On Oct. 10, Pakistani-American businessman Mansoor Ijaz dropped a bombshell: Pakistani President Asif Ali Zardari, he alleged, had offered to replace Pakistan’s military and intelligence leadership and cut ties with militant groups in the wake of Osama bin Laden‘s killing in Abbottabad. Ijaz also alleged in his op-ed in the Financial Times that Zardari communicated this offer by sending a top secret memo on May 10 through Ijaz himself, to be hand-delivered to Adm. Michael Mullen, then chairman of the Joint Chiefs of Staff and a key official managing the U.S.-Pakistan relationship. The details of the memo and the machinations Ijaz describes paint a picture of a Zardari government scrambling to save itself from an impending military coup. However, Mullen now retired, denies having ever dealt with Ijaz.
“IF YOU STOP TELLING LIES ABOUT ME, I MIGHT JUST STOP TELLING THE TRUTH ABOUT YOU”.
The News International
A note by Zaheeruddin Jeddy: PTI Chief Imran Khan charged President Asif Ali Zardari (and his minion Haqqani) with rampant treason, by pleading US to destroy the leadership of our armed forces, and in return offered Washington his full submission. Many of us might think this could be just another trick of political rivalry. But is it? What if it is true? Now read the following post.
This is an important exposure
Mansoor Ijaz, the US business tycoon who has become the centre of a huge controversy over the reported memorandum sent through him by President Zardari to Admiral Mike Mullen, on Sunday night issued a rejoinder from Zurich, responding to the statements issued by presidential spokesman Farhatullah Babar, the Foreign Office and Ambassador Husain Haqqani on the issue.
His statement came hours after PTI leader Imran Khan told the huge Lahore rally that Ambassador Haqqani had sent the memo to Admiral Mike Mullen requesting the US army to help against Pakistan Army.
After Imran Khan’s allegations in his speech, Ambassador Haqqani had challenged the PTI leader on Sunday night to produce any evidence, if he had one, in the Supreme Court of Pakistan.
[Right]: Mansoor Ijaz, a Pakistani American, runs an investment management company in New York. Ijaz has also been an interlocutor between U.S. officials and foreign governments for years, amid constant accusations of financial conflicts of interest. He reportedly arranged meetings between U.S. officials and former Pakistani Prime Ministers Benazir Bhutto and Nawaz Sharif. In the 1990s he allegedly gave over $1 million to Democratic politicians and attended Christmas events at former President Bill Clinton’s White House. Ijaz has ties to former CIA Director James Woolsey and a Reagan administration official James Alan Abrahamson is his partner.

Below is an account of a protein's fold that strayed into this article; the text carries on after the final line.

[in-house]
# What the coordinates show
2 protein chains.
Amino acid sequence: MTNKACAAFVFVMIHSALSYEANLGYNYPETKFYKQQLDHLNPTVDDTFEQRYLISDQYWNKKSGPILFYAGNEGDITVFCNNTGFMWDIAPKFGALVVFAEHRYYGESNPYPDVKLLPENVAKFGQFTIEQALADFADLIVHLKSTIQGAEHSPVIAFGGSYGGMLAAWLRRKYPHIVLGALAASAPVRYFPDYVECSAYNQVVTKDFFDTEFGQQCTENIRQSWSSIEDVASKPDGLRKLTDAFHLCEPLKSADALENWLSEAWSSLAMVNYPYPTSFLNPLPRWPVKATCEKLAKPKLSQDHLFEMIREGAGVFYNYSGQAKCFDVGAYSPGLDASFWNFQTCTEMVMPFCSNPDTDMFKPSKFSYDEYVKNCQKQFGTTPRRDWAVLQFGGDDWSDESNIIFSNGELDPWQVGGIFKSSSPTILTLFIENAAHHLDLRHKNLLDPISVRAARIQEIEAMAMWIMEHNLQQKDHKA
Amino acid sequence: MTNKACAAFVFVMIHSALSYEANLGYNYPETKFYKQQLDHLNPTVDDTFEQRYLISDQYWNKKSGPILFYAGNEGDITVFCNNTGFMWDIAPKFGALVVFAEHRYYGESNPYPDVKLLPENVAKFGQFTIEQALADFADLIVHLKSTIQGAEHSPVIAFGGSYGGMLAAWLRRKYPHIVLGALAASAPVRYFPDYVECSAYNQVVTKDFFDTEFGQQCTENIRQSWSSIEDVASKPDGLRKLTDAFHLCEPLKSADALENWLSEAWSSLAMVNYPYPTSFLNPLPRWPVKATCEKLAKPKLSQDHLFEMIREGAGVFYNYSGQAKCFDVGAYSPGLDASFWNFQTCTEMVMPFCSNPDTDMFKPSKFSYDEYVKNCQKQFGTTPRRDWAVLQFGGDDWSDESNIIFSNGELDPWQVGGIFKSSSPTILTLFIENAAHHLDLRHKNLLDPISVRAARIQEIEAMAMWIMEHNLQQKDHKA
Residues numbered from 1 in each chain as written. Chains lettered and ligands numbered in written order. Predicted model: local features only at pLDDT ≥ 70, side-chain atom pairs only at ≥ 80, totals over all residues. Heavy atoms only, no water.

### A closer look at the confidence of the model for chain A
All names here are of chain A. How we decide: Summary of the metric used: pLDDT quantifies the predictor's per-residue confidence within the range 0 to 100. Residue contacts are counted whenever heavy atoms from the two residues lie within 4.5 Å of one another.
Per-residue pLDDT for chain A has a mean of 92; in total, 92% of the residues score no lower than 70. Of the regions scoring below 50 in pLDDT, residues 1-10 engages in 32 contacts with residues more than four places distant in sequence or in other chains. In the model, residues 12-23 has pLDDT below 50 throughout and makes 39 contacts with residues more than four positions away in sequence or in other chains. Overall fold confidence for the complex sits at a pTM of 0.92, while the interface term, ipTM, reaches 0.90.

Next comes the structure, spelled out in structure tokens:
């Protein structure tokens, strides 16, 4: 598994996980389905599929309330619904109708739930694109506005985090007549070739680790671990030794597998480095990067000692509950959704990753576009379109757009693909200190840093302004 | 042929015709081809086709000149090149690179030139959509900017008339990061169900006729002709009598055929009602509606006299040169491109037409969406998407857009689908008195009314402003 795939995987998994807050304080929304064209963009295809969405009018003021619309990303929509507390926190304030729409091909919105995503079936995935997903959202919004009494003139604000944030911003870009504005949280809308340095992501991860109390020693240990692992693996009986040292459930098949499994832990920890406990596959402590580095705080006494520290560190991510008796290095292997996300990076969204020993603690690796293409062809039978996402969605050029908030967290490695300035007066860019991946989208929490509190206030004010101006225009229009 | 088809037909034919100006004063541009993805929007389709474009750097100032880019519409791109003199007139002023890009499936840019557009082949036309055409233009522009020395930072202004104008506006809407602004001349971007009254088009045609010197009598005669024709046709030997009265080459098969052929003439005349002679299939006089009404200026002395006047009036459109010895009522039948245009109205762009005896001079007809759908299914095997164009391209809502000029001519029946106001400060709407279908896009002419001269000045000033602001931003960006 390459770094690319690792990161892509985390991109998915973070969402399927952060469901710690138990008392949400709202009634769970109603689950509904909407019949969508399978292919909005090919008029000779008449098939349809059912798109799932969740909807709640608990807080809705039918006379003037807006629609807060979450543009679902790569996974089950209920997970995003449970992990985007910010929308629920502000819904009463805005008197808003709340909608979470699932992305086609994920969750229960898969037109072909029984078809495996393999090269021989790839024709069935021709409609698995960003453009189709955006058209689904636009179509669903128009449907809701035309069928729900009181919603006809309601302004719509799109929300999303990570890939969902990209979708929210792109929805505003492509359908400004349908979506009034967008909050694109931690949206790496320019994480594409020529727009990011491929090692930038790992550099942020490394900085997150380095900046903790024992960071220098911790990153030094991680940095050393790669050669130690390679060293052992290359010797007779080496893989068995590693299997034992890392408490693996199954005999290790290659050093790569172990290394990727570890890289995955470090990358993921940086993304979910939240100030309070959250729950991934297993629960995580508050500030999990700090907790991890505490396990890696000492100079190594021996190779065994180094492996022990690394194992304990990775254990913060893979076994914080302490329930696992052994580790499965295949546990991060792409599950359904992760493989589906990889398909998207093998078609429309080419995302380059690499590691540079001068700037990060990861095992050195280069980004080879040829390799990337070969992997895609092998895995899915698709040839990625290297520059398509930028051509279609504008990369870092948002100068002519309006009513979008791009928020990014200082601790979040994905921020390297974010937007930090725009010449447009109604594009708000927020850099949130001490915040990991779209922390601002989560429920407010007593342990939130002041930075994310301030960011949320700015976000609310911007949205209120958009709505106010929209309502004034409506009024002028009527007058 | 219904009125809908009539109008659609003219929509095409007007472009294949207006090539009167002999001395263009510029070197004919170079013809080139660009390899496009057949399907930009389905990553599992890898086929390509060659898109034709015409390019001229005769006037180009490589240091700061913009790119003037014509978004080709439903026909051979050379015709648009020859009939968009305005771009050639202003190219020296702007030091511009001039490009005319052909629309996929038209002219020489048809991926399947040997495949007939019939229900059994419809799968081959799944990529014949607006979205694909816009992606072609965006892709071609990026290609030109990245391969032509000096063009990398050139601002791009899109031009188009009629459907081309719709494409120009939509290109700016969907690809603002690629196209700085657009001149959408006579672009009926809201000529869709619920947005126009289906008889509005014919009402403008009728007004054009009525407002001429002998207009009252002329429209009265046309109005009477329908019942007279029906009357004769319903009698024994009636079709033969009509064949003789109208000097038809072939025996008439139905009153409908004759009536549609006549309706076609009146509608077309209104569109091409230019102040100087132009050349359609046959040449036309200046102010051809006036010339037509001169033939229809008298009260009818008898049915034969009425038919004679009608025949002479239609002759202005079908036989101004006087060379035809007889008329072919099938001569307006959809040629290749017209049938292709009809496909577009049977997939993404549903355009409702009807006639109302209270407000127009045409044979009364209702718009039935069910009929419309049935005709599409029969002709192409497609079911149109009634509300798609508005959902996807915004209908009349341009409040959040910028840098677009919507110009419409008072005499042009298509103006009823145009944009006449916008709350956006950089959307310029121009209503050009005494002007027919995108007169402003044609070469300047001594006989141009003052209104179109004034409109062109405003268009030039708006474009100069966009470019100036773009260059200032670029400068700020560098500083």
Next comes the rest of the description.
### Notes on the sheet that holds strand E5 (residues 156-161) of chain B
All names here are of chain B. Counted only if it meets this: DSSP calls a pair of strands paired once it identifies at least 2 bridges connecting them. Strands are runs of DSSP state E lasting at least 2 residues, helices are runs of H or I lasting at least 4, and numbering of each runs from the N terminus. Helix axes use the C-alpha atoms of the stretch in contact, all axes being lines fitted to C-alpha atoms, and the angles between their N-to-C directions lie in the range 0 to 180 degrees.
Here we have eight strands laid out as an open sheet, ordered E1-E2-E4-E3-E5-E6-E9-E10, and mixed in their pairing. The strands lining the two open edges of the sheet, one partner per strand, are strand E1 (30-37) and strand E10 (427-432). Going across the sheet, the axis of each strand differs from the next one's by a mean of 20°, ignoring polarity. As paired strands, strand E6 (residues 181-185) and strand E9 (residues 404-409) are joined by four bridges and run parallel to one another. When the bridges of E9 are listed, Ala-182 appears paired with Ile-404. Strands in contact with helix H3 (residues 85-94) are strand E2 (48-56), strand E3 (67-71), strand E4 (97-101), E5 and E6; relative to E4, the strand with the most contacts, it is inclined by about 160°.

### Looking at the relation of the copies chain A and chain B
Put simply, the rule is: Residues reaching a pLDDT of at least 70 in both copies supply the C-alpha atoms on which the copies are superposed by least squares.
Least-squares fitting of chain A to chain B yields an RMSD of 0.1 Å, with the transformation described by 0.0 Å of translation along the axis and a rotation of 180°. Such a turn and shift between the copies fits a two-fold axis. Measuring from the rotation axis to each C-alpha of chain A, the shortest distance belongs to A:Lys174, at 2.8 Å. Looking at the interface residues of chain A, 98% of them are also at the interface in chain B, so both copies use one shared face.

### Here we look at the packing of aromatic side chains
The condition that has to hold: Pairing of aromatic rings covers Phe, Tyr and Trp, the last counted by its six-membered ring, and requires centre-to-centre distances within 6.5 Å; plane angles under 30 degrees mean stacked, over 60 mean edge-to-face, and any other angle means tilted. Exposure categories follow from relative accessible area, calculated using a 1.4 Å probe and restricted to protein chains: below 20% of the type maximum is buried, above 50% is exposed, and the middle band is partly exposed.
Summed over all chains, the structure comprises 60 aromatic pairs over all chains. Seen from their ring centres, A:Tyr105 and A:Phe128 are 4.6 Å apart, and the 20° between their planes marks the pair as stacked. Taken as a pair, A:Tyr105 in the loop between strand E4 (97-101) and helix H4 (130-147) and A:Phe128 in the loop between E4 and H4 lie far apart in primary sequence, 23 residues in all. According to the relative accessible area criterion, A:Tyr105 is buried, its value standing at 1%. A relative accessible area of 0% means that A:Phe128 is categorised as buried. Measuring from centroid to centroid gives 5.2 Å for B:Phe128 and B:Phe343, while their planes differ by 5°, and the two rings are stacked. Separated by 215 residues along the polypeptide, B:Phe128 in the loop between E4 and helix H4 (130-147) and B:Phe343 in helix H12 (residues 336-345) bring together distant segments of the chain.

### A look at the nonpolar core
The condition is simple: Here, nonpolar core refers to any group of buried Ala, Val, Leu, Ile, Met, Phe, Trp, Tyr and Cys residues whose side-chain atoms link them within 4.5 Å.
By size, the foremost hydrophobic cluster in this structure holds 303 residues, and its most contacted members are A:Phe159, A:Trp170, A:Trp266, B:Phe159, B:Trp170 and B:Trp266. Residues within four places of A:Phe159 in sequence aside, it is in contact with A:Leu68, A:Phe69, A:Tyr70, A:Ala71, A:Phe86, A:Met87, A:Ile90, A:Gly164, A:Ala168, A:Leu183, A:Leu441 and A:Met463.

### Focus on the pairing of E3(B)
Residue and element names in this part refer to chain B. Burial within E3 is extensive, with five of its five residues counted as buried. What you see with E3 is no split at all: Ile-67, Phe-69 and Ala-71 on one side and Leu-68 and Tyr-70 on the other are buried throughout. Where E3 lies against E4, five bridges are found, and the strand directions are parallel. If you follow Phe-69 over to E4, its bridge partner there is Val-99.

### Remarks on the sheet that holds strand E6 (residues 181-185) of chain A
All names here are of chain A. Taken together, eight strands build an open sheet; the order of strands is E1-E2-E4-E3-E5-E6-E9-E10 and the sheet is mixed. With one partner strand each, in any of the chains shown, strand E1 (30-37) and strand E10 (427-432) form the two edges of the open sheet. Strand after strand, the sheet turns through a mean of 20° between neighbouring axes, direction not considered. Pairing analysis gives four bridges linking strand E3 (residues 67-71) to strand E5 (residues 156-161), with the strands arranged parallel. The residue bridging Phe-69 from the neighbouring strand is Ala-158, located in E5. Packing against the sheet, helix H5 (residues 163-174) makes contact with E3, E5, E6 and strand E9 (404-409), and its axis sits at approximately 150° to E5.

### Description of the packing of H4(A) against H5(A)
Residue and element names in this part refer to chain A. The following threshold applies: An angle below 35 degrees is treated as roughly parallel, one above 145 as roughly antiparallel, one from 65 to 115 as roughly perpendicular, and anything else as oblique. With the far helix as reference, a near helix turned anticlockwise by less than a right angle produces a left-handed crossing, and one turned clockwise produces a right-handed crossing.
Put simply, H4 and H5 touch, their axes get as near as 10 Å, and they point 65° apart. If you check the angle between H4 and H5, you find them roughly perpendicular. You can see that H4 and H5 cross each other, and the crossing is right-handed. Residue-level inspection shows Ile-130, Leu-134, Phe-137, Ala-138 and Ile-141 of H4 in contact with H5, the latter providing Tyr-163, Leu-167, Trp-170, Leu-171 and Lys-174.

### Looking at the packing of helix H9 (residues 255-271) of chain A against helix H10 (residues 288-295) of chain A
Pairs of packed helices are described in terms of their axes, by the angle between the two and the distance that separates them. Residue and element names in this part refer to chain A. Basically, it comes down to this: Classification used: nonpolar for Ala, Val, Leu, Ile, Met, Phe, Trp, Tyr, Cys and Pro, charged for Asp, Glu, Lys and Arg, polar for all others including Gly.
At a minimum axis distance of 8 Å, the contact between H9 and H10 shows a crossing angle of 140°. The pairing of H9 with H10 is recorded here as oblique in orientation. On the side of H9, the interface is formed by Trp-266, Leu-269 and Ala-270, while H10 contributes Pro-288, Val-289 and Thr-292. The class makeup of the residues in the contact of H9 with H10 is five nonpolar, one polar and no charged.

Mansoor Ijaz in his statement said: “On October 10, 2011, I published an opinion piece in London’s Financial Times in which I wrote that I had acted as a private channel to communicate sensitive information to Admiral Mike Mullen, then chairman of the US Joint Chiefs of Staff. The information, sent in the form of a Confidential Memorandum, was dictated to me and approved for transmission in its final form by a senior Pakistani government official with close ties to President Asif Ali Zardari. Since the publication of my opinion piece, much has been written about the Memorandum delivered to Admiral Mullen and much speculation has surrounded its content and the identity of the Pakistani official who asked me to intervene in getting it conveyed outside the knowledge of the Foreign Office and military/intelligence channels.
“Recent statements issued by the Foreign Office and the Presidency have attacked me personally for writing the FT opinion piece, have denied the existence of any such Memorandum as “fabrication” and have denied the president’s involvement in the development or approval of the contents of the Memorandum. This is a dangerous path for President Zardari and his staff to follow because the truth is incongruent with the statements his office is issuing to the Pakistani public. I have the facts — all the facts. Every word I say or write is backed with hard evidence and proof. Challenging me on that would be a grave mistake.
“To this date, I have refrained from publicly confirming, denying or engaging in any of the rife speculation surrounding who did what when in the issuance of the Memorandum or what it specifically contained as important offers to the United States government at a moment of great strain in the bilateral relationship after Osama bin Laden had been found and killed on Pakistani soil. I wish to continue to do so because I have no role in Pakistan’s political affairs.
“But I respectfully remind the Foreign Office, the president’s spokesperson Farhatullah Babar and the President of Pakistan, Asif Ali Zardari, that the facts I have are irrefutable. The evidence is crystal clear. And while I do not wish to be dragged into the cesspool of Pakistan’s politics, the government should take great care in its public statements on the subject of the Memorandum or my role in bringing it to US government officials they themselves asked me to see it got to.
“As a 27-year veteran of Wall Street, I can do no better than to quote the big-screen character of Gordon Gekko. He said: “if you stop telling lies about me, I might just stop telling the truth about you”. It is time that Pakistan’s leaders stopped telling lies and got back to the business of governing for the betterment of their people rather than wasting time, energy and much-needed resources in the useless bickering and backbiting that defines today’s debate over the nation’s affairs.”
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